Next the agency dropped another bomb, usurping states’ rights in the Chesapeake Bay watershed by taking over all aspects of the Clean Water Act and setting a TMDL (total maximum daily load) for the 64,000 square mile watershed. While the usurpation of the states’ rights is atrocious, it pales in comparison to the economic impact this rule will have. Nutrient loadings have been set so low that only completely idling land is an option. Not only will municipal ratepayers in the region pay more for their water bill, but a 20 percent reduction in the amount of farmland in the watershed is relied upon by EPA in order for states to meet their obligations under the TMDL. Bad data and false assumptions plague the EPA “model” that developed the nutrient loadings, so much so that NCBA and other agricultural groups had an analysis done on these assumptions and found that not only was EPA’s model wrong in the amount of nitrogen and phosphorus that came from agriculture, but the model simply would not count many of the conservation measures producers had put on the ground.
    The agency next instituted the Florida numeric nutrient criteria (NNC) rule, again railroading the state’s rights under the Clean Water Act. That rule too will come with a heavy price tag, with estimates that the federal rule will cost the state more than 14,000 in job losses and cost agriculture over $3 billion in implementation costs. The list of overreaching federal regulations that directly hurt cattle operations continues, with ammonia regulation under the Clean Air Act, pressure on states to develop more nutrient reduction regulations, a guidance document expanding “waters of the U.S.,” and new reporting rules.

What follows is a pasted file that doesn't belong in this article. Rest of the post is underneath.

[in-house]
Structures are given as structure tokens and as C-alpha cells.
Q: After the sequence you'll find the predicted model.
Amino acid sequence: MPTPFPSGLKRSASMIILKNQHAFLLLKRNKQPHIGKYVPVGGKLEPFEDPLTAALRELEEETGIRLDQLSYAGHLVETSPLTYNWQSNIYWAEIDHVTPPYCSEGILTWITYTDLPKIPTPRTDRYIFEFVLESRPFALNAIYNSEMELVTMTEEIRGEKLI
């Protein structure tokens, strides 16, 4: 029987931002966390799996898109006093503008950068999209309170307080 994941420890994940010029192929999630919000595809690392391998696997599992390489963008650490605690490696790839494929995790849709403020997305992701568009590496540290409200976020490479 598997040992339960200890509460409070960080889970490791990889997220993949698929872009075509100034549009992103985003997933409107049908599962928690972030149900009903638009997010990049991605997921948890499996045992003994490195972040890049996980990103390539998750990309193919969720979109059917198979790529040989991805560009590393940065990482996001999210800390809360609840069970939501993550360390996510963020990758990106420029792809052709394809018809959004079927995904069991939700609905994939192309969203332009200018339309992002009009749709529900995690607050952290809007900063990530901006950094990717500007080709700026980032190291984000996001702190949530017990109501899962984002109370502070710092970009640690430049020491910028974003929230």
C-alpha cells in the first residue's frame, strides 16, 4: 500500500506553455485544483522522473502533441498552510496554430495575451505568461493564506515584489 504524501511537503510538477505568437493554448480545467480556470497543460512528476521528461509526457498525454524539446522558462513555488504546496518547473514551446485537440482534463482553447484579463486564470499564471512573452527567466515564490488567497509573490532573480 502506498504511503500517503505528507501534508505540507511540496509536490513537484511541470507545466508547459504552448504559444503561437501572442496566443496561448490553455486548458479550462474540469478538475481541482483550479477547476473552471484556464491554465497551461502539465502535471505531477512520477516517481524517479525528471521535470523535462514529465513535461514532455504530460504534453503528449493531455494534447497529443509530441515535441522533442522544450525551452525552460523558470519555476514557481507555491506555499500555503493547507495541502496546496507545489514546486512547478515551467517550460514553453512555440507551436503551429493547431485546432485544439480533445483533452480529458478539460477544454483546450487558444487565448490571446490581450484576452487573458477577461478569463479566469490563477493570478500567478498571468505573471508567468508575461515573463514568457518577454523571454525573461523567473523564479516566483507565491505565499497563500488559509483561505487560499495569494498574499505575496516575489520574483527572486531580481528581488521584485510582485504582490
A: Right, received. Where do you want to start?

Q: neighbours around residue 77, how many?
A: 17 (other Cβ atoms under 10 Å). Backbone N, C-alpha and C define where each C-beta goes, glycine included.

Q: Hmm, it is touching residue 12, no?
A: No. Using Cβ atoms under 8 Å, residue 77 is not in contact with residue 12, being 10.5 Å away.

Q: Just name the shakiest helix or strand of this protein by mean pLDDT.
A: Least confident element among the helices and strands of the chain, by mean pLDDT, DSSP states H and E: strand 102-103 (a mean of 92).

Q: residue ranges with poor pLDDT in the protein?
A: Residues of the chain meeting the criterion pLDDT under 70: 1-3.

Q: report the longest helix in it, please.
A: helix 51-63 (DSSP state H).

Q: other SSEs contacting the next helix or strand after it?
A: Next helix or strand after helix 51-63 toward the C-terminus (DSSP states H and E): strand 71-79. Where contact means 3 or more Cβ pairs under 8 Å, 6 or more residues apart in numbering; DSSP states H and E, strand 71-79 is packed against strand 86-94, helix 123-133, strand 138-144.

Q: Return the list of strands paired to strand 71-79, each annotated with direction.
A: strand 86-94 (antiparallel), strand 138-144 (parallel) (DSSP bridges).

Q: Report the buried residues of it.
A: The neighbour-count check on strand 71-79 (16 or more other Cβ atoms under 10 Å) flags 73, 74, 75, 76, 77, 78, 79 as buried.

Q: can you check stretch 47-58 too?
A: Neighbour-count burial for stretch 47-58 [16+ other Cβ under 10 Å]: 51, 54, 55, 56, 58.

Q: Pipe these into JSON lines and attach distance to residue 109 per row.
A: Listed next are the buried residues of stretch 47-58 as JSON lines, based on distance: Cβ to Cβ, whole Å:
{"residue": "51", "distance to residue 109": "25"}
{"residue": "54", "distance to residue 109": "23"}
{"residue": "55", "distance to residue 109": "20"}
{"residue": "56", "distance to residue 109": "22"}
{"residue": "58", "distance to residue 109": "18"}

While the cattle industry is bruised and bloody from these actions, the agency has also felt the sting of defeat, and NCBA’s “win” column is increasing. In the face of a tough re-election campaign, the Administration has decided to pull back in its war against farmers and ranchers. You will remember the heat the agency took over their consideration of lowering the dust standard, and eventually NCBA was successful in getting the Administrator to promise she would not propose to lower the standard.
    EPA also decided not to move forward with its plan for regulating ammonia under a Clean Air Act standard for oxides of nitrogen. And in July, EPA withdrew a controversial reporting rule it had proposed back in October of 2011 that would have put our industry at risk of increased attacks from animal rights activists and terrorists.
    The war is not yet won. The number of people involved in agriculture and living in rural America continues to decrease, while the knowledge gap about our industry continues to widen. Cattle producers must be outspoken about the measures we have put in place to protect the environment and how the U.S. cattle industry is more sustainable than anywhere else in the world. The knowledge gap does not reside with consumers alone. It is prevalent with regulators, congressmen and senators. NCBA works every day to close this gap and limit the number of harebrained regulations that seem to flow so easily out of the capitol city. While NCBA will not win every battle, we intend to win the war and keep ranching a viable way of life.